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Use of Long-term, High-dose Diflucan (fluconazole) During Pregnancy May Be Associated With Birth Defects in Infants
This information reflects FDA's current analysis of data available to FDA concerning this drug. FDA intends to update this sheet when additional information or analyses become available.
FDA is informing the public that chronic, high doses (400-800 mg/day) of the antifungal drug Diflucan (fluconazole) may be associated with a rare and distinct set of birth defects in infants whose mothers were treated with the drug during the first trimester of pregnancy. This risk does not appear to be associated with a single, low dose of fluconazole 150 mg to treat vaginal yeast infection (candidiasis).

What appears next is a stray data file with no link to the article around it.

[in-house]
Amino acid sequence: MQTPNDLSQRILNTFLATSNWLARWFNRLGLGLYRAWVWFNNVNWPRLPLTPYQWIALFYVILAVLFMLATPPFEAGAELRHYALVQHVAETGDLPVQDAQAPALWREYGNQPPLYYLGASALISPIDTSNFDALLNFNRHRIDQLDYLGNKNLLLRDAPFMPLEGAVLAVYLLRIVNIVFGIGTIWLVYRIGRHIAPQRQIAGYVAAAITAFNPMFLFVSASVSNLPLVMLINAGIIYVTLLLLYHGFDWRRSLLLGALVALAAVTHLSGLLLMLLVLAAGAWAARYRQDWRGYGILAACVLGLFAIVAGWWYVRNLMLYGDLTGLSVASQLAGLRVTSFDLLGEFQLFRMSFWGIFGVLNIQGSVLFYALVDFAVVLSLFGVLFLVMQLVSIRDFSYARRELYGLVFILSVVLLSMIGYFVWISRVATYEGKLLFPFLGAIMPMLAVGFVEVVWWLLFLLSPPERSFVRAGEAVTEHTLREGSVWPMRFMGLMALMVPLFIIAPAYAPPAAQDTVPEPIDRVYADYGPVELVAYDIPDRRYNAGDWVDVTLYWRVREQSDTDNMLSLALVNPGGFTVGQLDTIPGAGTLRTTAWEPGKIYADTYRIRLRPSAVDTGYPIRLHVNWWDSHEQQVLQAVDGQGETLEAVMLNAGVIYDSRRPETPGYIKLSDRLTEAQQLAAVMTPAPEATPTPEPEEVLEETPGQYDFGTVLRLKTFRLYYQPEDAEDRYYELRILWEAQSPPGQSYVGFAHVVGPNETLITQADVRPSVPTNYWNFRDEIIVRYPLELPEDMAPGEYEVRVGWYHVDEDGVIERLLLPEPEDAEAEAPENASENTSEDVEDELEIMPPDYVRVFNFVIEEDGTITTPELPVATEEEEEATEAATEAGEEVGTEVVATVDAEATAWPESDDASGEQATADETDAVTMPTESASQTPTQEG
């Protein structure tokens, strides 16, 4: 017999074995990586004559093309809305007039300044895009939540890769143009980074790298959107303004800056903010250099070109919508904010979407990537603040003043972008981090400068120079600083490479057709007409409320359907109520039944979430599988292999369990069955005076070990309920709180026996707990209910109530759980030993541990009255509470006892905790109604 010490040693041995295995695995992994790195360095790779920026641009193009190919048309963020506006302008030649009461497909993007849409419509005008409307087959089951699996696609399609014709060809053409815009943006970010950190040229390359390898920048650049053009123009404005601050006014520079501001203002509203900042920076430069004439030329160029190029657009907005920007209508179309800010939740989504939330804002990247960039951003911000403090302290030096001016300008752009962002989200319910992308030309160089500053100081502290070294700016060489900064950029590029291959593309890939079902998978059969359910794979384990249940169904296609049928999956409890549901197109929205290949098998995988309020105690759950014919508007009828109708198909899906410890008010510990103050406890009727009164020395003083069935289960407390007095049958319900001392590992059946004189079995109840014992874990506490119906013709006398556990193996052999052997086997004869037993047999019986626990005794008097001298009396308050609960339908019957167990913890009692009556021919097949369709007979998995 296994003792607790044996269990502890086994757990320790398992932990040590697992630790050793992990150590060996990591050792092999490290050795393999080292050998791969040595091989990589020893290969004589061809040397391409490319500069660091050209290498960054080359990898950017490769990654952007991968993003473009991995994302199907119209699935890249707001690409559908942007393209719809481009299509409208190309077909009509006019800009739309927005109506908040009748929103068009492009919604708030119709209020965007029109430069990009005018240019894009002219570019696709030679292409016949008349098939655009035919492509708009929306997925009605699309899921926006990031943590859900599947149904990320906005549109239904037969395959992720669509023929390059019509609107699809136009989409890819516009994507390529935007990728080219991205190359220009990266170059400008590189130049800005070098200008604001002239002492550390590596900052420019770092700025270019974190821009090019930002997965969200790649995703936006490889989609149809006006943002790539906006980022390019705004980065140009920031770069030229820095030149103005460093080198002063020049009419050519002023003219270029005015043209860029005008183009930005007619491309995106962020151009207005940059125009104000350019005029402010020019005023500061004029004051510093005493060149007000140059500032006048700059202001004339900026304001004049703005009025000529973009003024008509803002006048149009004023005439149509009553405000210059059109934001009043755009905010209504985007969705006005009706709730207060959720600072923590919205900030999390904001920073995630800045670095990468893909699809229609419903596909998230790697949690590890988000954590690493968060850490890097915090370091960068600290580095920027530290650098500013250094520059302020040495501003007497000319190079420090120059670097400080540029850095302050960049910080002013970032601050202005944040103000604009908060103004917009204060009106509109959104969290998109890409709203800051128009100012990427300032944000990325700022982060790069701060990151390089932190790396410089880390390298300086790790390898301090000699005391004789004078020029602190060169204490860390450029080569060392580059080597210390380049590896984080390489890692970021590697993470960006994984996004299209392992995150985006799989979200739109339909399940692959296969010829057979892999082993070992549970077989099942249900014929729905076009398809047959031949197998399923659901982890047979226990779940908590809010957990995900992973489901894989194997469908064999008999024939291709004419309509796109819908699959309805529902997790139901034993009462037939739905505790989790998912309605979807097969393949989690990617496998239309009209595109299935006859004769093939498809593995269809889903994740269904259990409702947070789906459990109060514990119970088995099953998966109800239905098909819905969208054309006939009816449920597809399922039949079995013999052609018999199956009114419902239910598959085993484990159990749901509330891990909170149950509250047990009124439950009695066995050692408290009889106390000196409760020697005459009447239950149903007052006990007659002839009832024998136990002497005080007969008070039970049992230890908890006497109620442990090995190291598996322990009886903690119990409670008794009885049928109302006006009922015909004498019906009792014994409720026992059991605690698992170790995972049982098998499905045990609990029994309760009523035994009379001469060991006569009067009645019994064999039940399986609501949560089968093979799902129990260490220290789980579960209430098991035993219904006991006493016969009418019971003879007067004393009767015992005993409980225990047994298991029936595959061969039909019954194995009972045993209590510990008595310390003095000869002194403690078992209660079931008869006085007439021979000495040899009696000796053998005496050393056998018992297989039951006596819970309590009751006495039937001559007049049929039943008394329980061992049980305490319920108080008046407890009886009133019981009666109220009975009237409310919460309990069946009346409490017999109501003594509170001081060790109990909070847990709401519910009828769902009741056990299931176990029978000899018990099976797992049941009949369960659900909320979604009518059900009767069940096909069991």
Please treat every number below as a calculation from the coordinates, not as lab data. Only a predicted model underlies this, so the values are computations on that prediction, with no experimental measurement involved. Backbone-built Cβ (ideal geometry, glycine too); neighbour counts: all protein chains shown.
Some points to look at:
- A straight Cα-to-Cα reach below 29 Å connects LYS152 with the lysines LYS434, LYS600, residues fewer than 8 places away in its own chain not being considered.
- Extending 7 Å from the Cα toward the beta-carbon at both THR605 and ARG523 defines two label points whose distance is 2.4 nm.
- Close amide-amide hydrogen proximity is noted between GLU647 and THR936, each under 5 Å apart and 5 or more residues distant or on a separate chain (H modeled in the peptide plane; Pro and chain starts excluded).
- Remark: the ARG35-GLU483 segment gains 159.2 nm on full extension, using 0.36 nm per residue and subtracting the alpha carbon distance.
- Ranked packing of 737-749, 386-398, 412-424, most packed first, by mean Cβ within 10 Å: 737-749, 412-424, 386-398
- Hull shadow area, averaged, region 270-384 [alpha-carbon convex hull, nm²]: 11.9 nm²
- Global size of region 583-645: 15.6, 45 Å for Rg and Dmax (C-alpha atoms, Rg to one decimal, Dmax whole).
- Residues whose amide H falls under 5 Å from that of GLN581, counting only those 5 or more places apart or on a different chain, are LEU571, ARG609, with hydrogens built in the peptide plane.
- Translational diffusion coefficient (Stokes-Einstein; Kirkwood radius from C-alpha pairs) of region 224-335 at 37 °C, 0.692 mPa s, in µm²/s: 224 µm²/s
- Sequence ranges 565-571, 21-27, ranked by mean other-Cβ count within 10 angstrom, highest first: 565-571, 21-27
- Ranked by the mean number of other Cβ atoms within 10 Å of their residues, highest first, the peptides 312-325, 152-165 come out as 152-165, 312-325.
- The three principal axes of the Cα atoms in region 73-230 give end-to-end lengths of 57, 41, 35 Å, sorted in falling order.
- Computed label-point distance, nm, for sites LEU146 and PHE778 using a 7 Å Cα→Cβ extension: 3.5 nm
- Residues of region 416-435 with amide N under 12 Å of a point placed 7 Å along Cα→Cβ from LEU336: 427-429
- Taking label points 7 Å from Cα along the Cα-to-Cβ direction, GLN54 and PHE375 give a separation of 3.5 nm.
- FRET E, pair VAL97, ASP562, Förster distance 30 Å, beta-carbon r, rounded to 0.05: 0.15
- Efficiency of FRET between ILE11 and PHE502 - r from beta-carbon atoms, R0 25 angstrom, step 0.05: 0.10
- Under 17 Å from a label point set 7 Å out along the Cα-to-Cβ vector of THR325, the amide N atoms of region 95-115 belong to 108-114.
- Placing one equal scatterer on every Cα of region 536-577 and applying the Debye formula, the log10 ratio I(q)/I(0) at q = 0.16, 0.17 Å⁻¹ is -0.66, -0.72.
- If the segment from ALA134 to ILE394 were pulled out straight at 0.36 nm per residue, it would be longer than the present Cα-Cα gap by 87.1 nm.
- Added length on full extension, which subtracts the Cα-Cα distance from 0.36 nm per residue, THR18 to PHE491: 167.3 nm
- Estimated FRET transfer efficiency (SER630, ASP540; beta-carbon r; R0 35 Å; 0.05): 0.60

There are several published case reports of birth defects in infants whose mothers were treated with high-dose fluconazole (400-800 mg/day) for serious and life-threatening fungal infections during most or all of the first trimester.
Based on this information, the pregnancy category for fluconazole indications (other than vaginal candidiasis) has been changed from category C to category D. The pregnancy category for a single dose of fluconazole 150 mg to treat vaginal candidiasis has not changed and remains category C.
Pregnancy category D means there is positive evidence of human fetal risk based on human data but the potential benefits from use of the drug in pregnant women with serious or life-threatening conditions may be acceptable despite its risks.
Healthcare professionals should be aware of the potential risks with long-term, high-dose use of fluconazole and counsel patients if the drug is used during pregnancy or if a patient becomes pregnant while taking the drug.